The closed chamber and tight hole methods of well testing described in this paper are designed to overcome some special drill stem test problems existingat the surface. The primary purpose for conducting this type of drill stem testis to utilize a system that offers maximum secrecy and/or maximum control of fluid recovery; therefore, maximum safety.

The problem of secrecy commonly occurs in Canada, and the tight hole technique was developed so that only authorized personnel would be able to determine the type of recovery and the pressure involved.

The closed chamber method has application wherever a high degree of controlof the recovery is desired, such as in townsite and night-time testing, neither of which can be accomplished safely by the conventional drill stem test method.This method also permits a high degree of safety when testing high-pressure gassands.

Experience with closed chamber testing has indicated that the fluid recovery data may be applicable for empirical analysis to determine reservoir fluid properties provided that certain problems are recognized.

Static reservoir pressure can be determined by employing the initial shut-in-flow-period method described in the text of the paper. However, problems are encountered when attempting to utilize the pressure buildup curveto determine transmissibility and permeability with the degree of accuracy obtainable from a conventional drill stem test. Examples of pressure curves from tight hole and closed chamber systems are included and discussed.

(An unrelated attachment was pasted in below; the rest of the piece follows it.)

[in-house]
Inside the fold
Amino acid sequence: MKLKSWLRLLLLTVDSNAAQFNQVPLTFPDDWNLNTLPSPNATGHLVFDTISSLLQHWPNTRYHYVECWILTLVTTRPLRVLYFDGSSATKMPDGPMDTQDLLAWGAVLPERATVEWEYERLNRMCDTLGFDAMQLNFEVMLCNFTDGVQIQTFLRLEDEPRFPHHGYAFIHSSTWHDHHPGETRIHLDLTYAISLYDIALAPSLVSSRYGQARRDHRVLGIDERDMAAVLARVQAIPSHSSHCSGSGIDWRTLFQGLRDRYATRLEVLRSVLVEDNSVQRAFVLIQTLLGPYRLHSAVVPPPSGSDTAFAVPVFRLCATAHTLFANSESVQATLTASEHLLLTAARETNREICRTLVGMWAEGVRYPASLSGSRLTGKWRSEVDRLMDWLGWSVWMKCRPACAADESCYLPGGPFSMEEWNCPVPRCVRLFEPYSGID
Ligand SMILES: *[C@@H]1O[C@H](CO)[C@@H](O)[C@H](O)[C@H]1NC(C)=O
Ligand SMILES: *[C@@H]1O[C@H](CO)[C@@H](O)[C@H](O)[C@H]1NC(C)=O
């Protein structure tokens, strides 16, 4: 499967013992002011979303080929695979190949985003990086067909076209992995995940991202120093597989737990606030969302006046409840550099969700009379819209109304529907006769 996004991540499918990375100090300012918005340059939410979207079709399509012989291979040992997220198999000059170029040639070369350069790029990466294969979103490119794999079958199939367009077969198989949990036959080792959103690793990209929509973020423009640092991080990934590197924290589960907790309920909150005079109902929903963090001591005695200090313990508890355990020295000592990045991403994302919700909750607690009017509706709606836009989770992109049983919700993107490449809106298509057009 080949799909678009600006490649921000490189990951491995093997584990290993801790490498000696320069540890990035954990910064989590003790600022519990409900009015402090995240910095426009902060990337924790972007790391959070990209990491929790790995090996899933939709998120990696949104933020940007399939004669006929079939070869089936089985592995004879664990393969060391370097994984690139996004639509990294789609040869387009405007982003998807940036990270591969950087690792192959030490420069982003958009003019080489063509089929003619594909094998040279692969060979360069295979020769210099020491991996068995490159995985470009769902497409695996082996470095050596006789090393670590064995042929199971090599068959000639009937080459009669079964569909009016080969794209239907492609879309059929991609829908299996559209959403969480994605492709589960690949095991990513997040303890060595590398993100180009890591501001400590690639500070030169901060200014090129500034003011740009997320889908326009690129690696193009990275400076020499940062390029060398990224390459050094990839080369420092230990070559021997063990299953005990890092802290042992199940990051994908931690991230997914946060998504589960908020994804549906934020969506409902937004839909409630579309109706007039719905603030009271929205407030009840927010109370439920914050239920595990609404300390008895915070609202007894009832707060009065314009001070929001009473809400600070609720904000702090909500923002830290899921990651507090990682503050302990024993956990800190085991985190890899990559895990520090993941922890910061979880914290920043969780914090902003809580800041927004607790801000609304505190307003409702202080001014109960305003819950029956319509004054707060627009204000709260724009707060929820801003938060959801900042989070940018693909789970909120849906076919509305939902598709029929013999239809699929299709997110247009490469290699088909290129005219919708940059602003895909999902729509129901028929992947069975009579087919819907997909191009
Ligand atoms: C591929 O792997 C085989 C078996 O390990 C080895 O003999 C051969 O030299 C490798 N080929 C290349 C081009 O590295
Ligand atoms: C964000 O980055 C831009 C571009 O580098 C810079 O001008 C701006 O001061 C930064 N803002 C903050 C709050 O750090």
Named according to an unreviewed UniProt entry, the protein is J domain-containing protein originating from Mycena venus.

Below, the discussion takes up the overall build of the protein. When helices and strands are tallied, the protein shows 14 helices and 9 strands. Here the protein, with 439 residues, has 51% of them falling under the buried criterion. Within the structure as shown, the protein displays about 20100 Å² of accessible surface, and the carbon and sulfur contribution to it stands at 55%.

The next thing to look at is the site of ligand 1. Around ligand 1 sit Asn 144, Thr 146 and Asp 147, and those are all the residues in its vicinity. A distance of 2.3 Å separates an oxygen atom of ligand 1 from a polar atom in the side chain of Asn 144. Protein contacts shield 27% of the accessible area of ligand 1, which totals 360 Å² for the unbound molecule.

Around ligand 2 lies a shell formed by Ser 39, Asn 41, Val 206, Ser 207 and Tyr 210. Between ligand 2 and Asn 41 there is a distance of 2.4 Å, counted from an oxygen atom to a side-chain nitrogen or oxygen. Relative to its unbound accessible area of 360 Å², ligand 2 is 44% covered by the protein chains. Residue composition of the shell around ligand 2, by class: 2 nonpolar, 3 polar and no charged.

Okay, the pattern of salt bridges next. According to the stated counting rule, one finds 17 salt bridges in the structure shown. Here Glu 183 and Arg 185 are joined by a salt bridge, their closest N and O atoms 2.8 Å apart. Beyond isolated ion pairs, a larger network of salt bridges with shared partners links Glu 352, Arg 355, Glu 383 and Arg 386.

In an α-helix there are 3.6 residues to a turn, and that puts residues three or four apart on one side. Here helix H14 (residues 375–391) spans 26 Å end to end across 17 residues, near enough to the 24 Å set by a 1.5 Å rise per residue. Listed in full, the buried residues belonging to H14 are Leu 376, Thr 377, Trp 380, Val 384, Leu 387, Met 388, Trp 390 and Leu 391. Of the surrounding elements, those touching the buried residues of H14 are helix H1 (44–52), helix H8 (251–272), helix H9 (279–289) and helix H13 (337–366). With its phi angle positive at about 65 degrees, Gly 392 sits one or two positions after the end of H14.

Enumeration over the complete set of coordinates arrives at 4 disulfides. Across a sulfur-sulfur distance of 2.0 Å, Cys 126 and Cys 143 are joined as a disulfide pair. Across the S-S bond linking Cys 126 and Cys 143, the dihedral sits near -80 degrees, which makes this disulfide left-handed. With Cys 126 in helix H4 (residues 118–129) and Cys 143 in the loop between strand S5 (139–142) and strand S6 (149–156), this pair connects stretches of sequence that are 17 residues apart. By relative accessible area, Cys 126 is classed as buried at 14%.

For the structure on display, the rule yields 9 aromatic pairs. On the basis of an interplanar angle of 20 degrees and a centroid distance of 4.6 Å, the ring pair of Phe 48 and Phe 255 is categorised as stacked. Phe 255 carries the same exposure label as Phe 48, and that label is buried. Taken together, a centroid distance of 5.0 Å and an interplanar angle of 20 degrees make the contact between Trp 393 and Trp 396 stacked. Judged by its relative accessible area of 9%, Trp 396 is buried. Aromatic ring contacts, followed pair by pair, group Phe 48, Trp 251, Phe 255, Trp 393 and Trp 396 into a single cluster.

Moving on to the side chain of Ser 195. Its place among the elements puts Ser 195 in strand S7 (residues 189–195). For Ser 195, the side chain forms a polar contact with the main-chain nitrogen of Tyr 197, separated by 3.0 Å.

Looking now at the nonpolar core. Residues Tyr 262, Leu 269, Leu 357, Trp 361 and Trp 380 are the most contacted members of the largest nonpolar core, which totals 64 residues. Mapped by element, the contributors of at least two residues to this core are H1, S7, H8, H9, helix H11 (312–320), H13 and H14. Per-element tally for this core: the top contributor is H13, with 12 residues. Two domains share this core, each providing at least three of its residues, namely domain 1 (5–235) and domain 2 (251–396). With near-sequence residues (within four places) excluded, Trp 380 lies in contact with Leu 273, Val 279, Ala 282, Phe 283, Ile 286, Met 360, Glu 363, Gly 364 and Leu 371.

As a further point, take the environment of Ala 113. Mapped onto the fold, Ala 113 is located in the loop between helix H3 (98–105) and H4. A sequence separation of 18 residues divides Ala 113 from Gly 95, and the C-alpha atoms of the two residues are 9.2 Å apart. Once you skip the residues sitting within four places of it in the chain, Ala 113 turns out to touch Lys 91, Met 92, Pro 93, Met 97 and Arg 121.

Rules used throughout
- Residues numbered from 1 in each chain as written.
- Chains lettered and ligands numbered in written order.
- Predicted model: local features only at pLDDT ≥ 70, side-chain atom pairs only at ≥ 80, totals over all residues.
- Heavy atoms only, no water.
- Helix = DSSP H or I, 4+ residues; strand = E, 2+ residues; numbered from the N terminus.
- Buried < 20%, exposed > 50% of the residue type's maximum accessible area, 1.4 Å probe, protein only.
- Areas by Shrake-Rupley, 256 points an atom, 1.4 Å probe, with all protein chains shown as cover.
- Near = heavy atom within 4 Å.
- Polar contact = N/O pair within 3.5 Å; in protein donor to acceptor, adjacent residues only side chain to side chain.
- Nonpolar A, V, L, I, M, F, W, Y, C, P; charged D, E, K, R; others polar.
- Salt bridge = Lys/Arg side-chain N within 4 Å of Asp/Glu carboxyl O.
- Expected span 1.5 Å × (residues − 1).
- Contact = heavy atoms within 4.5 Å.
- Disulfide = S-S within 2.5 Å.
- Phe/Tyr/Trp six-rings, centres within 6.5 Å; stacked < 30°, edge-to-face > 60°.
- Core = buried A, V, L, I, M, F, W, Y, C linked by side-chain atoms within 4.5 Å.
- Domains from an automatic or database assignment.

Tight hole testing was developed to provide maximum secrecy of drill stem test results in Canada. In order to maximize secrecy, it was necessary to provide a testing system that would not allow fluid recovery to be exposed to unauthorized personnel on or off the rig floor.

The tight hole assembly consists of a closed chamber which allows the standsof drill pipe forming the chamber to be separated, drained and set aside in the derrick without revealing any recovery, even in the tool joints, to unauthorized personnel. Secrecy requires the elimination of surface indications during the test and the bringing of the recovery to the surface in such a manner that it will not flow freely from tool joints onto the floor or into the derrick. The recovery has to be removed from the chamber with maximum controlin order to provide secrecy. The conditions required for secrecy result in an increase in the safety of testing.

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